With respect to the forum-selection clause issue, Magistrate Judge Beeler, applying a forum non conveniens analysis, held that the clause is enforceable against the plaintiff. In response to the plaintiff’s argument that the clause cannot be enforced against her because it would deprive her of a forum for her Section 14(a) claim, Judge Beeler exercised her discretion to sever the federal claim, dismiss it, and to dismiss the remaining state claims in favor of the Delaware forum.


In granting the motion to dismiss the severed Section 14(a) claim, Judge Beeler held that the plaintiff had failed to plead an “actionable false statement.” The supposedly misleading statements on which the plaintiff sought to rely were “non-actionable puffery or aspirational (and hence immaterial).” Similarly, Judge Beeler said that the plaintiff’s allegations “do not support the claims of widespread unlawful practices,” noting that the allegations about the boar’s composition and selection process are “inaccurate.”


Magistrate Judge Beeler granted the motion to dismiss the severed federal law claim under Section 14(a), allowing the plaintiff 21 days to amend. She granted the motion to dismiss the remaining state law claims on forum non conveniens ground, without prejudice to the reassertion of the claims in Delaware Chancery Court.



As I have detailed on this site, plaintiffs’ lawyers have seemingly been eager to file numerous various board diversity lawsuits. According to my most recent count (here), the plaintiffs’ lawyers have filed a total of ten of the board diversity lawsuits. Many of the initial lawsuits were filed by the same plaintiffs’ law firm, the Bottini and Bottini law firm, which in fact filed this lawsuit against Facebook.


These lawsuits first emerged last summer, in the wake of the social unrest that followed after the death of George Floyd in Minneapolis. As I noted at the time, these lawsuits appeared to represent an effort to translate the diversity and inclusion concerns behind the social unrest into D&O claims. While a number of these claims have been filed, questions about the ultimate goals and meritoriousness of these claims have surrounded the suits from the outset. Magistrate Judge Beeler’s opinion raises serious questions about whether these claims ultimately may be successful, however “success” may be measured.


One obvious problem for the plaintiff in this case is the gap between the plaintiff’s allegations about the supposed lack of diversity on Facebook’s board and the actual composition of the board. I don’t think it is reading too much into Magistrate Judge Beeler’s opinion to suggest that this gap really bothered her. Magistrate Judge Beeler specifically said that the “fact allegations about the board’s composition and selection process are inaccurate,” a consideration that can only have undermined the plaintiff’s various allegations. In a March 22, 2021 Law360 article about Magistrate Judge Beeler’s ruling quotes the plaintiff’s lawyer as saying that the primary focus of the case “is not on the lack of diversity on the board, but instead a lack of diversity in the workforce, as well as the failure of the board to curtail discriminatory advertising and hate speech.”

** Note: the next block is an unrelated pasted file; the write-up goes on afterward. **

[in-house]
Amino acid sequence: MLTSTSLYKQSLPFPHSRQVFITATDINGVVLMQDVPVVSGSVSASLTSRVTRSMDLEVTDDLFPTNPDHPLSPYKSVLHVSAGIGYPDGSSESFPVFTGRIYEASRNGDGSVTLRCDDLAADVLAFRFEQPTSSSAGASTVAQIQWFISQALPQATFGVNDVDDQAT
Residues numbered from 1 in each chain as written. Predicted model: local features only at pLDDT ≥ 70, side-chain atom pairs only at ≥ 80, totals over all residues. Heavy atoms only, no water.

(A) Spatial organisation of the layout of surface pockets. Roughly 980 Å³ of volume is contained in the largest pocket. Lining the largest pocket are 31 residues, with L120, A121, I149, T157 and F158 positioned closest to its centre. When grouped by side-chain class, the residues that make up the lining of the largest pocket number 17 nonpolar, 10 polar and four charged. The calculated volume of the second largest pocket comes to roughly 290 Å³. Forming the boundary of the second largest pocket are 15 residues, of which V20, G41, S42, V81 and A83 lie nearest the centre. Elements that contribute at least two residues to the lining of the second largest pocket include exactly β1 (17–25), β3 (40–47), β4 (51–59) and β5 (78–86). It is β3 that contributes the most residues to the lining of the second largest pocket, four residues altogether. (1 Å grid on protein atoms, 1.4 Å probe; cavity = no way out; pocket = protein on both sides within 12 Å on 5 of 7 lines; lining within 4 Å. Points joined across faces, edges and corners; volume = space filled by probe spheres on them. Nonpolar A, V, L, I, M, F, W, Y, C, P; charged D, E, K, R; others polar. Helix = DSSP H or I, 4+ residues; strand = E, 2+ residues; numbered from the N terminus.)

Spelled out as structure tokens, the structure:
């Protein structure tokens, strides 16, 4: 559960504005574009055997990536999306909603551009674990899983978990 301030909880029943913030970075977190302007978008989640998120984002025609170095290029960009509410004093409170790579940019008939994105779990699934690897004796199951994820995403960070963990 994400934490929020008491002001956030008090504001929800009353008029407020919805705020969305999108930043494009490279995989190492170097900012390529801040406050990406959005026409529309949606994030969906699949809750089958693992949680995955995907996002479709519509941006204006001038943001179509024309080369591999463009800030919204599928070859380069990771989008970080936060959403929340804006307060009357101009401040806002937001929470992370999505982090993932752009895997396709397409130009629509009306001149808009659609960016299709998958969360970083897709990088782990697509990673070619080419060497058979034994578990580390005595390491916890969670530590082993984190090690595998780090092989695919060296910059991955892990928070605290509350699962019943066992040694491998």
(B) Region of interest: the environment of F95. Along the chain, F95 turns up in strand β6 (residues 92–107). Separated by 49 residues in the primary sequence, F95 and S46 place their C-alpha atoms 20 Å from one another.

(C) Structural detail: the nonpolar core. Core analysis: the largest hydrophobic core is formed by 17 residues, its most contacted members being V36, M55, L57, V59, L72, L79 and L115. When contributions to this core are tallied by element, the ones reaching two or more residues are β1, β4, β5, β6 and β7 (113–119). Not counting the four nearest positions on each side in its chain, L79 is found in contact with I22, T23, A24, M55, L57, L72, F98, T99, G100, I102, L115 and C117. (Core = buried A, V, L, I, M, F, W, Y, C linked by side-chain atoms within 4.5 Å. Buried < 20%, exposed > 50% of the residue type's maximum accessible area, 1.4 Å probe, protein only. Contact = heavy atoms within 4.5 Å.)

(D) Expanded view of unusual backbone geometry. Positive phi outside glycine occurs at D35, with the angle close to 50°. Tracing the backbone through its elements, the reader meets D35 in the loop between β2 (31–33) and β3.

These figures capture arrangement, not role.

The plaintiff will now need to consider whether to try to re-plead her Section 14(a) allegations or to simply accept that the next step is to try to refile her state law claims in Delaware Chancery Court. An obvious concern will have to be whether the remaining claims, shorn of the supposed board diversity concerns to which the initial complaint attached so much weight, are simply not enough to carry the claim.


A larger question based on Magistrate Judge Beeler’s opinion is what the implications of her ruling may be for the various other pending board diversity lawsuits. It may be that the relevance for the other suits may be limited, given the rather unusual feature that Facebook was able to show that the plaintiff’s board diversity allegations were false. However, I do think Magistrate Judge Beeler’s conclusions on the demand futility issue and the proxy statement misrepresentation issues could prove to be very relevant and helpful in the other various board diversity lawsuits.


Magistrate Judge Beeler’s ruling on the forum selection clause issue is also interesting. As readers of this blog know, many companies recently have adopted similar forum selection provisions. Many of these board diversity lawsuits (particularly the earlier ones) were brought in federal court in California; to the extent the companies involved also have forum selection provisions in their charters could make the lawsuits susceptible to similar motions to dismiss as Magistrate Judge Beeler granted here.


One final note about this ruling is that it should be of concern to any other prospective claimants considering filing yet another board diversity lawsuit. The cold shoulder that Magistrate Judge Beeler gave the plaintiff’s claims here could well chill other prospective claimants and their attorneys.


Special thanks to a loyal reader for calling my attention to the ruling.